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Edward Pierzgalski

Abstract

Agriculture and environment are among others the most important priorities of the European Union. Agriculture is strongly influenced by the state of the environment, including water resources. In addition to many other policies, the EU water policy is crucial for the sustainable development of rural areas. Directives are the main tools for implementation of water policy. This article contains an overview of the directives on aspects of quality and quantity of water resources. Within the paper three most important agricultural areas of the Directive are characterized: the Water Framework Directive, the Floods Directive and the Nitrates Directive. Presented mandatory EU action aimed at their implementation and the problems associated with it. Current proposals for changes in the EU water policy are described.

Open access

Edward Pierzgalski and Jerzy Jeznach

Measures for soil water control in Poland

Polish water resources depend on precipitations, which are variable in time and space. In dry years the water balance is negative in central parts of Poland but sudden thaws and downfalls may result in periodical water excess and dangerous floods almost in the entire country. The retention capacity of artificial reservoirs in Poland permits to store only 6% of the average annual runoff, which is commonly considered insufficient. Another method to increase retention is soil water control. About fifty percent of soils in Poland consist of light and very light sandy soils with low water capacity. Loams and organogenic soils cover approximately 25% and 8.5% area of the country, respectively. Almost half of agricultural lands (48%) have relatively good water conditions, but the rest requires soil water control measures. An increase of the soil water content could be achieved by changes of soil properties, water table control and soil water management. Modernization and reconstruction of drainage and irrigation systems, which were built mainly in the period 1960-1980, is needed.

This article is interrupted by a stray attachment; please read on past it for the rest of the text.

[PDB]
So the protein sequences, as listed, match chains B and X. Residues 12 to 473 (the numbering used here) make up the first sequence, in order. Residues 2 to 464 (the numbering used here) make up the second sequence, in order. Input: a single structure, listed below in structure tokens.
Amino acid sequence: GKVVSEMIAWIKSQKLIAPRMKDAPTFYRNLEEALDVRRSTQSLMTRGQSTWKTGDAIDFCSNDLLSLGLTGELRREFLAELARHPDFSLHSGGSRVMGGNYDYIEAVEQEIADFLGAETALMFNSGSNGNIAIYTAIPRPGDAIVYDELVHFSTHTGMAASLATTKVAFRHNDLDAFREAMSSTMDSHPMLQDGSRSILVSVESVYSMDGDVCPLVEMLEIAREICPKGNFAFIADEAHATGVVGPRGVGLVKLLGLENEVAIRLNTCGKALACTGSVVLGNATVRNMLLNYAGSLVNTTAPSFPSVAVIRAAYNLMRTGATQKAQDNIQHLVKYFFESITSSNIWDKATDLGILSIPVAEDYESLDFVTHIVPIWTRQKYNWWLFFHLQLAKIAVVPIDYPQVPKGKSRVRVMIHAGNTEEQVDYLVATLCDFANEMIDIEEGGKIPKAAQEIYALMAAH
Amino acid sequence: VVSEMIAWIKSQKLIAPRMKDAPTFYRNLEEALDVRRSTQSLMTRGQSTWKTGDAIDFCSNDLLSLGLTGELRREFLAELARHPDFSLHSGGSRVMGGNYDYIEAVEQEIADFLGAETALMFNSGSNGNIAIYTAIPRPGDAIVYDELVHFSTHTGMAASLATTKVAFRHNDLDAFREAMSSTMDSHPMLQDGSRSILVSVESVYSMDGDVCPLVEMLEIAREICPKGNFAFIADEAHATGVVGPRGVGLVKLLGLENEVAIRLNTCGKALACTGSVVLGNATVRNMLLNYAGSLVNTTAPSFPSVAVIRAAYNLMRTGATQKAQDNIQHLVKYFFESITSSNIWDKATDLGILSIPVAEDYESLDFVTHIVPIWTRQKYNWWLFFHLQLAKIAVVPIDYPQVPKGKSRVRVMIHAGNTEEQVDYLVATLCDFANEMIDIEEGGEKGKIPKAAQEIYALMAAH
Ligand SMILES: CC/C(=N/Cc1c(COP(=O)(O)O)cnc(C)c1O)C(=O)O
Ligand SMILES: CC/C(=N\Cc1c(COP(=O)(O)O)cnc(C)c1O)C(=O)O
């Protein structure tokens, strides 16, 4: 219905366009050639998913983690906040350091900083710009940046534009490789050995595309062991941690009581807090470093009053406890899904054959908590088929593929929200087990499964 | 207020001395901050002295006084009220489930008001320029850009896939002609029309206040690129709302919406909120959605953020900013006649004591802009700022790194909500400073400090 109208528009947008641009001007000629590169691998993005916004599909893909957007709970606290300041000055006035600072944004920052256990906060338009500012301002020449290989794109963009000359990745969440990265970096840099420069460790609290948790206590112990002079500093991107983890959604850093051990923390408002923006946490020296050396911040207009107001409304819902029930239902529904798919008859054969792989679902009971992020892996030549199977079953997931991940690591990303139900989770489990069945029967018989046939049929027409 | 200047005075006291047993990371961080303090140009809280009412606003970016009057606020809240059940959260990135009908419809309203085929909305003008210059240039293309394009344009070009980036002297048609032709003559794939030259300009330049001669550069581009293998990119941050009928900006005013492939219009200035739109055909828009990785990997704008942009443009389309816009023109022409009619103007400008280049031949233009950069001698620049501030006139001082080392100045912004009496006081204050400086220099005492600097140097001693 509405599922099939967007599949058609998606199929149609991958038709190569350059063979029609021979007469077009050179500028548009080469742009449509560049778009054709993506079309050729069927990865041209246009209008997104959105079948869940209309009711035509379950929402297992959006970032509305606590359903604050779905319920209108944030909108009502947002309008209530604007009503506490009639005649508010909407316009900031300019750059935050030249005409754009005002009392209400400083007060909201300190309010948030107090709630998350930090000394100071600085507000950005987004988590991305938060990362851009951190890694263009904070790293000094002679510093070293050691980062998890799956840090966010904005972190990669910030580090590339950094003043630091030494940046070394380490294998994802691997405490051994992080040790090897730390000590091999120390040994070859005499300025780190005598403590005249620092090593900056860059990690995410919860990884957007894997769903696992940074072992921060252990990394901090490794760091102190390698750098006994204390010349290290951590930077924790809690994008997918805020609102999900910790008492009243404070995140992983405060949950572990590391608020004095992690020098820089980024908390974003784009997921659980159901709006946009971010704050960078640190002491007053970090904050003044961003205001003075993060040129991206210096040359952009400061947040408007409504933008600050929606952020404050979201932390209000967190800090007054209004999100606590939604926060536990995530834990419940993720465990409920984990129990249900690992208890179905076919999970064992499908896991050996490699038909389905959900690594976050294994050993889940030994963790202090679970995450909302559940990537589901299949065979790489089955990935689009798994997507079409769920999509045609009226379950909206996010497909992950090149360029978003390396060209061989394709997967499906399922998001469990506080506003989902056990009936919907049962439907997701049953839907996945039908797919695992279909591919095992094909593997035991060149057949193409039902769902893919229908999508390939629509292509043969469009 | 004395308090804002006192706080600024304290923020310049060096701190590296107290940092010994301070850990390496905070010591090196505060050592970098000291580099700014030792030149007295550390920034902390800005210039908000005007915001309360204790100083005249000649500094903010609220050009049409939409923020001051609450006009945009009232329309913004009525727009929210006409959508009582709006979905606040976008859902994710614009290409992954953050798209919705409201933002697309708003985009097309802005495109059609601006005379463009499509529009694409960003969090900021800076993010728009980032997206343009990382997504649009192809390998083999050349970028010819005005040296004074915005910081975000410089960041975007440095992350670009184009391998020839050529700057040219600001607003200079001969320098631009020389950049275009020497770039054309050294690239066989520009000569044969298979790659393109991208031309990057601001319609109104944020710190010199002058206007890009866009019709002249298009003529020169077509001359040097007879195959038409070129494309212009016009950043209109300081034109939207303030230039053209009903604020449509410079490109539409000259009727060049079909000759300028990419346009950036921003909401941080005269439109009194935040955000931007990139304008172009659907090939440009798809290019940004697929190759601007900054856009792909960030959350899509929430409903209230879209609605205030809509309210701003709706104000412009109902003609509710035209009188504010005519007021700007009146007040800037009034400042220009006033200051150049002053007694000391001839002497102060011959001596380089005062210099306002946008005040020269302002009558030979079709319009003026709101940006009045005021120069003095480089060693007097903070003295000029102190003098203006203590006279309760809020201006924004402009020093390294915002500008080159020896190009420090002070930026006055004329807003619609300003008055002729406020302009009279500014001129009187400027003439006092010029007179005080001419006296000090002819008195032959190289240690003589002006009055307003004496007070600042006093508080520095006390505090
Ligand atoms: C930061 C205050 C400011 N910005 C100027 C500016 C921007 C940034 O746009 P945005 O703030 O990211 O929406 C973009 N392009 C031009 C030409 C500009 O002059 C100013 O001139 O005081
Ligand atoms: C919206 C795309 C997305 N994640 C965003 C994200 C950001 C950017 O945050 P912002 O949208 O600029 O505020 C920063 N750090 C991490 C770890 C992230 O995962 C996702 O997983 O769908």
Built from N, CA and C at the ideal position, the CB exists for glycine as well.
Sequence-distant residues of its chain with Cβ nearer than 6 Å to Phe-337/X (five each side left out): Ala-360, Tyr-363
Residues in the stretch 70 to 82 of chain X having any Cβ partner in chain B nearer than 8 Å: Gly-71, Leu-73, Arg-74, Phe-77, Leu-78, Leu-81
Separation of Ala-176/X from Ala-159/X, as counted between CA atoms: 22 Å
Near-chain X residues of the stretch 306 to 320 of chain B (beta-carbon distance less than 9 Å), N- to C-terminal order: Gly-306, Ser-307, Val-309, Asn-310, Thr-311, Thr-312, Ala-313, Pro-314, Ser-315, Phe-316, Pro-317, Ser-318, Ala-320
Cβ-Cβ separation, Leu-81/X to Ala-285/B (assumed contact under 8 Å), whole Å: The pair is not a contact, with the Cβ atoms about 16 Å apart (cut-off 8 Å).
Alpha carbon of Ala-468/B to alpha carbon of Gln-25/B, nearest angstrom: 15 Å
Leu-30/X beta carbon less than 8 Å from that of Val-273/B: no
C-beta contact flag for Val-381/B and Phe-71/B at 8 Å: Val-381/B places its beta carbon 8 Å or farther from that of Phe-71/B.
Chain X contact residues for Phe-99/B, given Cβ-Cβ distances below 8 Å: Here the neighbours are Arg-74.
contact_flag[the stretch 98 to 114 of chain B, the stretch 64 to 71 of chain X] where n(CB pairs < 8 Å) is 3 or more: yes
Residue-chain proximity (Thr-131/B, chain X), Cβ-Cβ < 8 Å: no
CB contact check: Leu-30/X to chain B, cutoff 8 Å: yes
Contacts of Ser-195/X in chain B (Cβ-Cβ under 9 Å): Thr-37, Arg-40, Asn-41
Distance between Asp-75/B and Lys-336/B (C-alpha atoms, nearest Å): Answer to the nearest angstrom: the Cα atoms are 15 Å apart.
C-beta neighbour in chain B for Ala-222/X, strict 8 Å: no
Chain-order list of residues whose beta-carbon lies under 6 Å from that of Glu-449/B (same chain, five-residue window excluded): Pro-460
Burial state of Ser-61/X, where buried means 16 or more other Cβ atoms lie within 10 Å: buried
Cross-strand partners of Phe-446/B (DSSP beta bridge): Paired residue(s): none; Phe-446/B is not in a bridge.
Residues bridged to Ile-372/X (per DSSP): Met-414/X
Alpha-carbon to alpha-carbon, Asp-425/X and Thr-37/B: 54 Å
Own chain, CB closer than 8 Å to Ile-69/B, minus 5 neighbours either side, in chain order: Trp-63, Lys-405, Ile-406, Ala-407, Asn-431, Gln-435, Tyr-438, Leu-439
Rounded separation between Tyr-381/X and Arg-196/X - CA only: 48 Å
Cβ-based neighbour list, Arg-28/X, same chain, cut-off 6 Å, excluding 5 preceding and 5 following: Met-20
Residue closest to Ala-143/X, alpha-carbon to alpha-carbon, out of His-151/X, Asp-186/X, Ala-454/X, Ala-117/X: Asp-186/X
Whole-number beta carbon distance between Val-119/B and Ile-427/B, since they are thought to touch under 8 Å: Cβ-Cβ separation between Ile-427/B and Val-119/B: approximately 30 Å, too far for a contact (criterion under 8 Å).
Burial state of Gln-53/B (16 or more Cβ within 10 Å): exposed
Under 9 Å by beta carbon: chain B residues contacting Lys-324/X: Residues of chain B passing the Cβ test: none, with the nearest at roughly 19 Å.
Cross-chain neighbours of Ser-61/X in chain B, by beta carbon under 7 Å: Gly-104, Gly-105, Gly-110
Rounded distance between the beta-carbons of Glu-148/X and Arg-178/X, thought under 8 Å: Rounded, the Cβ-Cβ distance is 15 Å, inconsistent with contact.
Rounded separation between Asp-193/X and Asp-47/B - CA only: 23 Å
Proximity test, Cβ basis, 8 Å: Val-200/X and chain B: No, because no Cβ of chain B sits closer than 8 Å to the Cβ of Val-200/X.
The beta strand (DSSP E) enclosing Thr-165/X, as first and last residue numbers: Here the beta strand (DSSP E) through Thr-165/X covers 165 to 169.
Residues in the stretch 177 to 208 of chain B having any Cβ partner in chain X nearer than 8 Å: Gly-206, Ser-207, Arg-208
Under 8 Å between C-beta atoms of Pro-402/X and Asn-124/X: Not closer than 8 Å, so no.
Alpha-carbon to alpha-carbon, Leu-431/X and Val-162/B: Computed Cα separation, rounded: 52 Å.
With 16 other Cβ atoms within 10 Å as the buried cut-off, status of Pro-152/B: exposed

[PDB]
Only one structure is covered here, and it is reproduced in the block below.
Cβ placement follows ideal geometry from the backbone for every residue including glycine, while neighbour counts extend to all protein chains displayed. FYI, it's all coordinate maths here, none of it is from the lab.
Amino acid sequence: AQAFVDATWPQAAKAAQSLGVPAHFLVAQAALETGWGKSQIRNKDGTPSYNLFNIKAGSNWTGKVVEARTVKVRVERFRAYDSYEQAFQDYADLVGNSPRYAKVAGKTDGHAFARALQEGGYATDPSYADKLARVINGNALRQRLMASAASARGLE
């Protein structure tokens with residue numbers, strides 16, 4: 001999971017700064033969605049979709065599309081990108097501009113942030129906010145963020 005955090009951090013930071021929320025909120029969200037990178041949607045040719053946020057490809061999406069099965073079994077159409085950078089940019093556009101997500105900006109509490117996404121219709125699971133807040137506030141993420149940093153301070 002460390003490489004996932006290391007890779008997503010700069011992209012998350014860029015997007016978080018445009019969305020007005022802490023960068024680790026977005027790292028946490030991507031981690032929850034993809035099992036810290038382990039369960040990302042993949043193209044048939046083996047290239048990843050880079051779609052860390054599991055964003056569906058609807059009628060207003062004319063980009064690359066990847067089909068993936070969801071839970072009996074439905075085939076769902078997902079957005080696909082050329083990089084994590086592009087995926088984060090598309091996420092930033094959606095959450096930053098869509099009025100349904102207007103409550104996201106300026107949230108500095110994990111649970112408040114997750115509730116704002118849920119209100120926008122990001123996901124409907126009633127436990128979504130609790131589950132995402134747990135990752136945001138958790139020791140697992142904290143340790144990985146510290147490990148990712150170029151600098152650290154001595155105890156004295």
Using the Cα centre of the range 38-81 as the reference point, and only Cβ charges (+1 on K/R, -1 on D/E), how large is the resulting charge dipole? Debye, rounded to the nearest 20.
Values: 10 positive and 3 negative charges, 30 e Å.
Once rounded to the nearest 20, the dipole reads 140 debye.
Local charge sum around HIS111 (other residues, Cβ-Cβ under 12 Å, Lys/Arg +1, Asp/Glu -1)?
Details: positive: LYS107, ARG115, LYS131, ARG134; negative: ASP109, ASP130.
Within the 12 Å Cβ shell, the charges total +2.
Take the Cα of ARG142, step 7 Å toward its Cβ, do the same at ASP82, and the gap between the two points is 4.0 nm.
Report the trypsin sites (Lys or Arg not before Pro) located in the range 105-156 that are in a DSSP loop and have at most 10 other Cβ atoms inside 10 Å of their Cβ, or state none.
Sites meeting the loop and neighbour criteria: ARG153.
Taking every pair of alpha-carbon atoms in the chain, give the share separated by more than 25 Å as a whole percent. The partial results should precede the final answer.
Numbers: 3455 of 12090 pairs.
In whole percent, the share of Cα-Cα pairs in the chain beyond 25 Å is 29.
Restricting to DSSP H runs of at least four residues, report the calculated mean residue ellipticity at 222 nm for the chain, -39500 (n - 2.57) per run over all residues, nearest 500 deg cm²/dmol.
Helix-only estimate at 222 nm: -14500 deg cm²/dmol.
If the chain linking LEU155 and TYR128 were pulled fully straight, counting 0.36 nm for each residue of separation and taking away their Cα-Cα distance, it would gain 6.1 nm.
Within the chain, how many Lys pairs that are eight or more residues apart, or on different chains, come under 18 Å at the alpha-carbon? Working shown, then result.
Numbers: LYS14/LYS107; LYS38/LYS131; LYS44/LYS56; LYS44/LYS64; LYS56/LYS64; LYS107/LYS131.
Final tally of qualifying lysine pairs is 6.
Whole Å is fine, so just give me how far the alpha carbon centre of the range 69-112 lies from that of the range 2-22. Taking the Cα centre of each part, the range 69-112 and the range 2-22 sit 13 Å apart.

Open access

Edward Pierzgalski

Abstract

The article presents the reasons and goals of the new Water Act development, which was supposed to replace amended many times the 2001 Water Act. A new Water Act has been approved 1 July 2017. The main aim of new Water Act is an achievements the objectives of the EU Water Framework Directive and other EU directives related to water management. The most important change of new Water Act is the establishment of a new water management organization in Poland, for which since January 1, 2018 is responsible the State Water Enterprise Polish Waters. The second new fundamental change is the introduction of nine water management financial instruments. Water services fees are one of them. The mechanism for determining the amount of these fees was one of the most debatable problems when adopting this legislative document. The article also presents the voices criticizing the detailed introduced solutions, including changes in investment of water infrastructure and their maintenance in agriculture.